“And, of course, this was made even more challenging by being implemented during a pandemic. OKRs helped Chargebee accelerate the push for collaboration, transparency and understanding during this difficult period.”

This year’s OKR Forum online event will feature world-class OKR experts such as Ben Lamorte, Felipe Castro, Francesca Nardocci, Melanie Wessels and many more, along with leading international companies.

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The evolution of the CFO: 91% still carry out repetitive and manual tasks despite the new demands of their role

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‘The future CFO’ research conducted by Xledger, the cloud finance software provider, finds that there is a lack of support in helping CFOs to evolve with the new demands of their role. Some of the top frustrations that CFOs cited in their current roles include having to carry out repetitive and manual tasks (33%) the reliance on hard copies of documents or legacy spreadsheets (27%) and bottlenecks in the flow of information (26%).

Other key frustrations were being unable to spend time on strategic tasks (23%), being able to work efficiently when away from the office (23%), the number of silos making it difficult to work collaboratively with colleagues (20%) and a struggle to demonstrate compliance to regulators (19%).

Repetitive and manual tasks seem to be indicative of the finance role, with an enormous 91% stating that they need to carry out at least one of the above repetitive tasks as part of their job and this could be impacting their ability to carry out other aspects of their role. The research found that the more senior you are, the more likely you are to be carrying out repetitive tasks, with senior figures averaging 25 hours per week, compared to 15 hours for other finance decision makers.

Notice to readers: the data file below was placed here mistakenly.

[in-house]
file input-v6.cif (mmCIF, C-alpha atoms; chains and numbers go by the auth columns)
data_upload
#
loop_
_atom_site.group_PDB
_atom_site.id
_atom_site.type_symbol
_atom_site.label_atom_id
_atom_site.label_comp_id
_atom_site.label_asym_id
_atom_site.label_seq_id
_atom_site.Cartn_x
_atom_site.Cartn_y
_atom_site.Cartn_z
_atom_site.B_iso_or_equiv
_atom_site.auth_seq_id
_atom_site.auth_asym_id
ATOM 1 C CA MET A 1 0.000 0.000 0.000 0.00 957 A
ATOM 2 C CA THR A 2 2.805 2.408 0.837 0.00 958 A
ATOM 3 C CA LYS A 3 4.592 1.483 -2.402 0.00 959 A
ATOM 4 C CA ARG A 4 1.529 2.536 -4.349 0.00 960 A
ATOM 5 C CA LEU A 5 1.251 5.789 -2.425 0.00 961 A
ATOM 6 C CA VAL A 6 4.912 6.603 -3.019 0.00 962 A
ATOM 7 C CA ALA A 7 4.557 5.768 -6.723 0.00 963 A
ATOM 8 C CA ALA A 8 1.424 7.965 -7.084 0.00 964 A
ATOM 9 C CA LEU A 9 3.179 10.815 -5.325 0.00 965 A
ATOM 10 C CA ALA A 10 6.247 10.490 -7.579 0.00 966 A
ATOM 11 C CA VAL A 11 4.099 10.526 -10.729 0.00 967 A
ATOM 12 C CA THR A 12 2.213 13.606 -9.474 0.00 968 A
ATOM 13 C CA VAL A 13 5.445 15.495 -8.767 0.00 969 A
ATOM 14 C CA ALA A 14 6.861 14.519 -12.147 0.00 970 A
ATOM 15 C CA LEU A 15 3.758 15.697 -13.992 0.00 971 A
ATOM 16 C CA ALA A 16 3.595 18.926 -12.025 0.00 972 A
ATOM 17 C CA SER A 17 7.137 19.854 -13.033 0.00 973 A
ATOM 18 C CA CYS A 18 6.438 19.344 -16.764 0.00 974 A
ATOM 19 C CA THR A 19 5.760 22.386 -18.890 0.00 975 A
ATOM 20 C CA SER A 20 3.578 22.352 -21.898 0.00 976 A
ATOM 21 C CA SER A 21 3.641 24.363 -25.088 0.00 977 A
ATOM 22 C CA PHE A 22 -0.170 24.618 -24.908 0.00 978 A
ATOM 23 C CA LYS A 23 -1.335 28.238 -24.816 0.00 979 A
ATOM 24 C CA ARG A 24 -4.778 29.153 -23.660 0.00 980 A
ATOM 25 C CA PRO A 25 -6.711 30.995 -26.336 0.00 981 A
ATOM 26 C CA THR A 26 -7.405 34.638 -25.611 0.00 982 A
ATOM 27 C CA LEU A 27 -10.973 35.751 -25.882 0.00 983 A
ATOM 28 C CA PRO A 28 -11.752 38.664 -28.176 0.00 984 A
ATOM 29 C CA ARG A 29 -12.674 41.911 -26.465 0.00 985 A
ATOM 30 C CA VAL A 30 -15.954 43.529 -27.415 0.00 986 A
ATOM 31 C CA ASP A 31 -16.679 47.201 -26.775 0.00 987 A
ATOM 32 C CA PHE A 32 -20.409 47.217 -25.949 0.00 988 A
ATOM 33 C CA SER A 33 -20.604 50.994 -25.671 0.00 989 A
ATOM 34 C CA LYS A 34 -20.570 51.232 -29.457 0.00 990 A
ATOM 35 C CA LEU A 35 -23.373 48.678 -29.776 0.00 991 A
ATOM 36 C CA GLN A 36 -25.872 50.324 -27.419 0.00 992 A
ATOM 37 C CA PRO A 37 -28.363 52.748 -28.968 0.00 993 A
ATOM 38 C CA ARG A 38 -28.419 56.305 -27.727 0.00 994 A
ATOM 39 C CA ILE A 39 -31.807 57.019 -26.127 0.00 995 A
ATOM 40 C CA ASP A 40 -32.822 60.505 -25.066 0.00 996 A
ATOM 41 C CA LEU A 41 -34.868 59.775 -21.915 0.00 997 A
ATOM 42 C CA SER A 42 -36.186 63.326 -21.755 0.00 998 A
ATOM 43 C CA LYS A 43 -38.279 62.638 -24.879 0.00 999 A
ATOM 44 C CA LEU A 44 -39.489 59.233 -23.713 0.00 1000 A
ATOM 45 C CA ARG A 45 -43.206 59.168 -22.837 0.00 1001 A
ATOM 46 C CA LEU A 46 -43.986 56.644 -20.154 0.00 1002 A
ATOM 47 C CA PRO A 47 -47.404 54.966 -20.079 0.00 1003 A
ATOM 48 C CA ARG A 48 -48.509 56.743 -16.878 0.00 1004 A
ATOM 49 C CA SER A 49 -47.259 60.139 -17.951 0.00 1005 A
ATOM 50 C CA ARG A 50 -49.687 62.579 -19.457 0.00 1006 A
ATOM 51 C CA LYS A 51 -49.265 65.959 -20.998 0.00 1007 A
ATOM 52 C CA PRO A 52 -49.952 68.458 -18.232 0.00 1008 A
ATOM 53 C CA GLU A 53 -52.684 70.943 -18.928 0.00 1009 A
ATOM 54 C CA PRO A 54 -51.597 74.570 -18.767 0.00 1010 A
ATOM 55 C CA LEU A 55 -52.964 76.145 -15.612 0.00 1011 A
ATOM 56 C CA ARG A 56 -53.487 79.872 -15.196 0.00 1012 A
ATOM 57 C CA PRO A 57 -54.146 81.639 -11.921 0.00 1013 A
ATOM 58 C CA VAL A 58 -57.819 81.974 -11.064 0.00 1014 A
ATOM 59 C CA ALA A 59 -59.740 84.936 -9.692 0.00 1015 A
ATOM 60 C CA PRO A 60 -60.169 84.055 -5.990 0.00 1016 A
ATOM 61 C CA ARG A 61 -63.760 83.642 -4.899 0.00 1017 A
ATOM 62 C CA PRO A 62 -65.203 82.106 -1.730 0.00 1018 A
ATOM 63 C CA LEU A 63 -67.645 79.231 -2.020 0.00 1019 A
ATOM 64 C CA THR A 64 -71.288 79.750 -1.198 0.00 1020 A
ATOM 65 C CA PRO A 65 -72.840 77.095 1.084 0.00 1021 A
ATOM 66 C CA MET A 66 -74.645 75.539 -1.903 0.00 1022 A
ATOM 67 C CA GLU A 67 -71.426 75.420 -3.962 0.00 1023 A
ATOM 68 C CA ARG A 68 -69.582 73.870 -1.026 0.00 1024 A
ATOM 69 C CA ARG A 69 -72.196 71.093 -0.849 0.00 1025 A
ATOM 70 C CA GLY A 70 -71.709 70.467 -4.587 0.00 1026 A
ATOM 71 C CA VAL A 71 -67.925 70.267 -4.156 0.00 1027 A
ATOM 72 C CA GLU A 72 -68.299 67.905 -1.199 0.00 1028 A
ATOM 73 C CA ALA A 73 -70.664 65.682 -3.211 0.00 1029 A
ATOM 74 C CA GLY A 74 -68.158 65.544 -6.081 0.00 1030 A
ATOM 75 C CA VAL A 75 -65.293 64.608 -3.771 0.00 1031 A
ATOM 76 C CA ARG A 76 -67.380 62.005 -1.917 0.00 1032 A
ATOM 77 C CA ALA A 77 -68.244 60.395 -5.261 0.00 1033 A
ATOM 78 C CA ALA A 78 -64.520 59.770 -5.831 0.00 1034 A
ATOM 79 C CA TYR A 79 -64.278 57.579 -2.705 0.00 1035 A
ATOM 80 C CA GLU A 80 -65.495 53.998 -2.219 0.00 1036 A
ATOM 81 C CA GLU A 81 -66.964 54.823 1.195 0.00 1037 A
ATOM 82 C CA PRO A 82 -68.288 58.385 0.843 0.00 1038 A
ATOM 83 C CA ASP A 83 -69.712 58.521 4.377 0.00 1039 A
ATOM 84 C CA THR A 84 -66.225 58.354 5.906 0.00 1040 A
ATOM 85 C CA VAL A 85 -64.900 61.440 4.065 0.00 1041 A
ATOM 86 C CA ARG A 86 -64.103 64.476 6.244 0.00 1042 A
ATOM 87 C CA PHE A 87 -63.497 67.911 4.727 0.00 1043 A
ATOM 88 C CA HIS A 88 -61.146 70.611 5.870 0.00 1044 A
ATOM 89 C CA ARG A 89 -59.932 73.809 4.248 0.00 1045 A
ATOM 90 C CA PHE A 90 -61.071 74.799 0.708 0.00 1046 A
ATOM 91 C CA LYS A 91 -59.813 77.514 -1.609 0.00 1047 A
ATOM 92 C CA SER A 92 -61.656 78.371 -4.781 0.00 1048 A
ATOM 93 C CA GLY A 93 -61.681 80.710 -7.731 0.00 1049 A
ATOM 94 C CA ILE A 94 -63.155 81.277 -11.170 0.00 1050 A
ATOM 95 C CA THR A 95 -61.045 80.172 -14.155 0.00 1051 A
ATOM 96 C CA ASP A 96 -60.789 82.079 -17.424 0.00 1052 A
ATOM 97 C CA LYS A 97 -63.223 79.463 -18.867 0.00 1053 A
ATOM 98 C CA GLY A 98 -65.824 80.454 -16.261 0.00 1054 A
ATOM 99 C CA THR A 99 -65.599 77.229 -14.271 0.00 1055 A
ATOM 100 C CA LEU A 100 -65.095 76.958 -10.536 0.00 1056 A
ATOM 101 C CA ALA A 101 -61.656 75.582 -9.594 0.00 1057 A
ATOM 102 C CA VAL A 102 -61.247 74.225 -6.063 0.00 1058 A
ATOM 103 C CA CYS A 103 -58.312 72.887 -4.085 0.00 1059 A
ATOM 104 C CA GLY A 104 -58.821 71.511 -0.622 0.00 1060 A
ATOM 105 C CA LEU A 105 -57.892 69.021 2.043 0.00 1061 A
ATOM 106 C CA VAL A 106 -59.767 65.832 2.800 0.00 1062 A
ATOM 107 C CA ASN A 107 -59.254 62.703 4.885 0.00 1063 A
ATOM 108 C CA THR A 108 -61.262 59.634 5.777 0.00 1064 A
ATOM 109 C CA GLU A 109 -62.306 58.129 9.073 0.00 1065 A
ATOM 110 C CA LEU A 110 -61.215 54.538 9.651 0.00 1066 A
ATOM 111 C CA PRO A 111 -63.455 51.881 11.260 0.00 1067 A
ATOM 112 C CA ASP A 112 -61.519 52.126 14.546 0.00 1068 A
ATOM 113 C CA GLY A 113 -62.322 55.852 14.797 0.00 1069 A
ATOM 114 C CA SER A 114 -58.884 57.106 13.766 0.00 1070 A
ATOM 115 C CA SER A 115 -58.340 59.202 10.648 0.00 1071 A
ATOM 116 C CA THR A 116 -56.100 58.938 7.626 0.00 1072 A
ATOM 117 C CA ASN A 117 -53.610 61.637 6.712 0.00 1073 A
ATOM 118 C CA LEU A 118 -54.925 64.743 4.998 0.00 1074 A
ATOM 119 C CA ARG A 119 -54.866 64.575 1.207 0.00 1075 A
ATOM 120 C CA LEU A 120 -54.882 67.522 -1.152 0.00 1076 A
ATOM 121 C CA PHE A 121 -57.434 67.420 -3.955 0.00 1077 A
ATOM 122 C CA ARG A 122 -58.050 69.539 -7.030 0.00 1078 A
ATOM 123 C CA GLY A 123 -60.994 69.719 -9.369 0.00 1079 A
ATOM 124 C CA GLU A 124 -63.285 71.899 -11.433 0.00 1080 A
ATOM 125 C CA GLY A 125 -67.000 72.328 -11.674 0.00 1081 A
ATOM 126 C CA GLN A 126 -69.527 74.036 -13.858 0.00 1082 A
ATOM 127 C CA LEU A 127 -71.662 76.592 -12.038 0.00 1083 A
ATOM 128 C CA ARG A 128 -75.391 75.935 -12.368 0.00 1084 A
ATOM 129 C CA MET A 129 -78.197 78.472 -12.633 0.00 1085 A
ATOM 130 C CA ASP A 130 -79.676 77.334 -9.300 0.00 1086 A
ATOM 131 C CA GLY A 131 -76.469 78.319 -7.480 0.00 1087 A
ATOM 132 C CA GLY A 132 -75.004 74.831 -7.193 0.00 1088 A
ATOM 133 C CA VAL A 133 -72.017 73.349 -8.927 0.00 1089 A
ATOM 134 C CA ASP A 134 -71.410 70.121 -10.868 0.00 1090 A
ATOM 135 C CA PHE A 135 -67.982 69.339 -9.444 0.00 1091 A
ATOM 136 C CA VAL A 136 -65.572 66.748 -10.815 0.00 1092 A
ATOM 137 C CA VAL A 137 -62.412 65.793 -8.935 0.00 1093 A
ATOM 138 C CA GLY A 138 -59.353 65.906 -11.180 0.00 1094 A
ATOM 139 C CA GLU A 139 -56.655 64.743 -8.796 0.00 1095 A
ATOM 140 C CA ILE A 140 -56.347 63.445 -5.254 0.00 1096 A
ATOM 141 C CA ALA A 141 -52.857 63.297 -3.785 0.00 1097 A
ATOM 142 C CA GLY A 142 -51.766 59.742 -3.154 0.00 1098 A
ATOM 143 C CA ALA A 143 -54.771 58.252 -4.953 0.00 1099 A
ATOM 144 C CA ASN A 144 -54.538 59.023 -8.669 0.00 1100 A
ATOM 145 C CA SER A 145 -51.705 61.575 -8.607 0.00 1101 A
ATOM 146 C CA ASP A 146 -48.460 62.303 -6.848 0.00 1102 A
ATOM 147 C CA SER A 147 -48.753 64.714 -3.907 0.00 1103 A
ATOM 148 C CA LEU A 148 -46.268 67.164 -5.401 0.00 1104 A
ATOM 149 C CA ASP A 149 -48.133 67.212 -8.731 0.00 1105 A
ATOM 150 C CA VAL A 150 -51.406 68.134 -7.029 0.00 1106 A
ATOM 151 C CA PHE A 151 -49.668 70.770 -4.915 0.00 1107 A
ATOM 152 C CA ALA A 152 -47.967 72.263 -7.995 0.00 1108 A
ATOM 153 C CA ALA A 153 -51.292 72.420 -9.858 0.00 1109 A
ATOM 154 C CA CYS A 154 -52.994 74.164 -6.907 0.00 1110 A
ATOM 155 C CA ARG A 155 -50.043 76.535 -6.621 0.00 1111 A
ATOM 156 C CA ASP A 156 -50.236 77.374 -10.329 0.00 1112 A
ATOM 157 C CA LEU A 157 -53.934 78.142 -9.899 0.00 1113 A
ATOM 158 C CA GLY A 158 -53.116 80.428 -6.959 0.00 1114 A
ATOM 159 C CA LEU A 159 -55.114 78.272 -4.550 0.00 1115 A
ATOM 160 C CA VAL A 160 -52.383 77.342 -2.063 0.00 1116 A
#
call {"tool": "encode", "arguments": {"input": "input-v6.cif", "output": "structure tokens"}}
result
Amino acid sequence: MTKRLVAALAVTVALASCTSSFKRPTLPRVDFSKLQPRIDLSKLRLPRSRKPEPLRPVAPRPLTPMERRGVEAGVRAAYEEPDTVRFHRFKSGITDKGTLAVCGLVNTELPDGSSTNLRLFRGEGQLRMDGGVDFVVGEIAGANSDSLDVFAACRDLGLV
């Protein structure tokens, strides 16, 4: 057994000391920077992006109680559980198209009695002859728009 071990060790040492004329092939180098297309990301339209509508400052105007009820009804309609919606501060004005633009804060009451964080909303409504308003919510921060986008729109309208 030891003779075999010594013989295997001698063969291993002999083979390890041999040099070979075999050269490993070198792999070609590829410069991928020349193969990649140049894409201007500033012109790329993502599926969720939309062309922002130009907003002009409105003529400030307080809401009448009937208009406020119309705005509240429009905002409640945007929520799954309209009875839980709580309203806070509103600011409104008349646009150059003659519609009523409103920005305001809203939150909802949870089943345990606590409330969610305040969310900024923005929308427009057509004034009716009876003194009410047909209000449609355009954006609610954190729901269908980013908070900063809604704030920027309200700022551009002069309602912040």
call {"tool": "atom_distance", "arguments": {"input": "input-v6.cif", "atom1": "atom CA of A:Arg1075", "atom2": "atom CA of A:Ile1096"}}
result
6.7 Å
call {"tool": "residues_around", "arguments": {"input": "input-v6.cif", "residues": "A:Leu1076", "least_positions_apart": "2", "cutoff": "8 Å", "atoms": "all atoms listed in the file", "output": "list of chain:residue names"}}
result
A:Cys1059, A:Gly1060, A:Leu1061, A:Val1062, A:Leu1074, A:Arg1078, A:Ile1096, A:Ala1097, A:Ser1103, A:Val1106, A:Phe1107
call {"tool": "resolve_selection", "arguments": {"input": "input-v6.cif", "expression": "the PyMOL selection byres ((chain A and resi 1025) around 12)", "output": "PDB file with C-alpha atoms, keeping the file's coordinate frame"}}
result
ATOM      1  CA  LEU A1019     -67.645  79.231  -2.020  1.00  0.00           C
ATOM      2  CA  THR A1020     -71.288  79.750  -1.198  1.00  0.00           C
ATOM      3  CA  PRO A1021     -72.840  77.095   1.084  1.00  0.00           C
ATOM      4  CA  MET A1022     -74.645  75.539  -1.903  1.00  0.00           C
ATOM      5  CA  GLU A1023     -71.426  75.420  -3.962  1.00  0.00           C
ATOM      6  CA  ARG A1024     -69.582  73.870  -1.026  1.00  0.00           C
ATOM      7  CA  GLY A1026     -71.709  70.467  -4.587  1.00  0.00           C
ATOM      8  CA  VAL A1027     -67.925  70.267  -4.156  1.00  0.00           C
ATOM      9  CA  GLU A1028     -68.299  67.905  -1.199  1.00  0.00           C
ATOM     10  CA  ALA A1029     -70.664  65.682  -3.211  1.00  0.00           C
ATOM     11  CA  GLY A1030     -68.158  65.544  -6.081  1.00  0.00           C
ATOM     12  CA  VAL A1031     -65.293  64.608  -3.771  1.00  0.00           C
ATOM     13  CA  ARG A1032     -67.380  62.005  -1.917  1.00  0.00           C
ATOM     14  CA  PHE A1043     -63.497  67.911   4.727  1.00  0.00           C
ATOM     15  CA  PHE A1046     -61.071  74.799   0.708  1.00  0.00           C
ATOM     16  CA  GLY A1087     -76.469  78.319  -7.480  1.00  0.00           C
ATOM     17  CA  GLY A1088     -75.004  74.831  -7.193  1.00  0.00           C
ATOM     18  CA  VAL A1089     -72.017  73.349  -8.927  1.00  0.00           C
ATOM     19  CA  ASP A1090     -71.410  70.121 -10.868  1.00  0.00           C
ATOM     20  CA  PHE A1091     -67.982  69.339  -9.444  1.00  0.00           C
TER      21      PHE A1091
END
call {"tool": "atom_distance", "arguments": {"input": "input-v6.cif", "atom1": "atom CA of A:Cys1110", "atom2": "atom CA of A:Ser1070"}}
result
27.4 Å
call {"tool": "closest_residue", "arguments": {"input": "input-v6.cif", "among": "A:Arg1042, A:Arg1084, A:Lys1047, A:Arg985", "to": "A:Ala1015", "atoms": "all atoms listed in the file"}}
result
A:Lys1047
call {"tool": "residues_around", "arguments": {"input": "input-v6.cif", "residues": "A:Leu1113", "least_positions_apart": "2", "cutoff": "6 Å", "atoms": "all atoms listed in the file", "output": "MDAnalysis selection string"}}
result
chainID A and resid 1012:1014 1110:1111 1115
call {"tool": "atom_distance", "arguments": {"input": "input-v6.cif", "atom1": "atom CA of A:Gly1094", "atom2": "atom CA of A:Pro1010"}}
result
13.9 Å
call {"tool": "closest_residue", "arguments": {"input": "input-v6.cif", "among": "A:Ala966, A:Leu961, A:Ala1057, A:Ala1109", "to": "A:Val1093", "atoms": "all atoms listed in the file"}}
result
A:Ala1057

Mark Pullen, CEO at Xledger comments, “The fact that the UK’s top strategic decision makers are spending up to 25 hours a week on low value-added tasks is astounding. The results of this research may highlight not only the stresses of the CFO themselves, but of their whole team. The frustrations and seniority differences are vital in informing the current dynamics, behaviours and commitments of the CFO role. If they are to evolve effectively, it’s evident that more support is needed to harness their strategic value. Business growth rarely comes as a by-product of doing more with the same level of resource – unless you factor in technology.”

When digging further into the study, there are some notable trends in terms of seniority and sector. For example, 38% of larger companies (5000+ employees) vs 28% of smaller companies (less than 50 employees) are frustrated by repetitive, manual tasks. This is likely a result of larger organisation’s needing more rigid processes in place than smaller, potentially more agile organisations.

Notably, the inability to work efficiently when away from the office was felt more by senior finance directors and CFOs (33%) than other finance decision makers (16%). This could be put down to a need to collaborate effectively with colleagues in more senior roles. 30% of senior financial directors and CFOs also stated that they’re frustrated about the number of silos and inability to work collaboratively compared to just 14% of other finance decision makers.

Xledger is a leading  true-cloud finance technology for mid-market organisations. With a suite of automation features including OCR, automated purchase invoice and expense handing, reoccurring and professional services billing and in-system payment processes our value, is giving back time to CFO’s and their finance departments, allowing them to spend more time of higher value-added activities.

The Future of the CFO study was conducted among 529 CFOs and financial decision makers in the UK during August and September 2021 by Sapio research.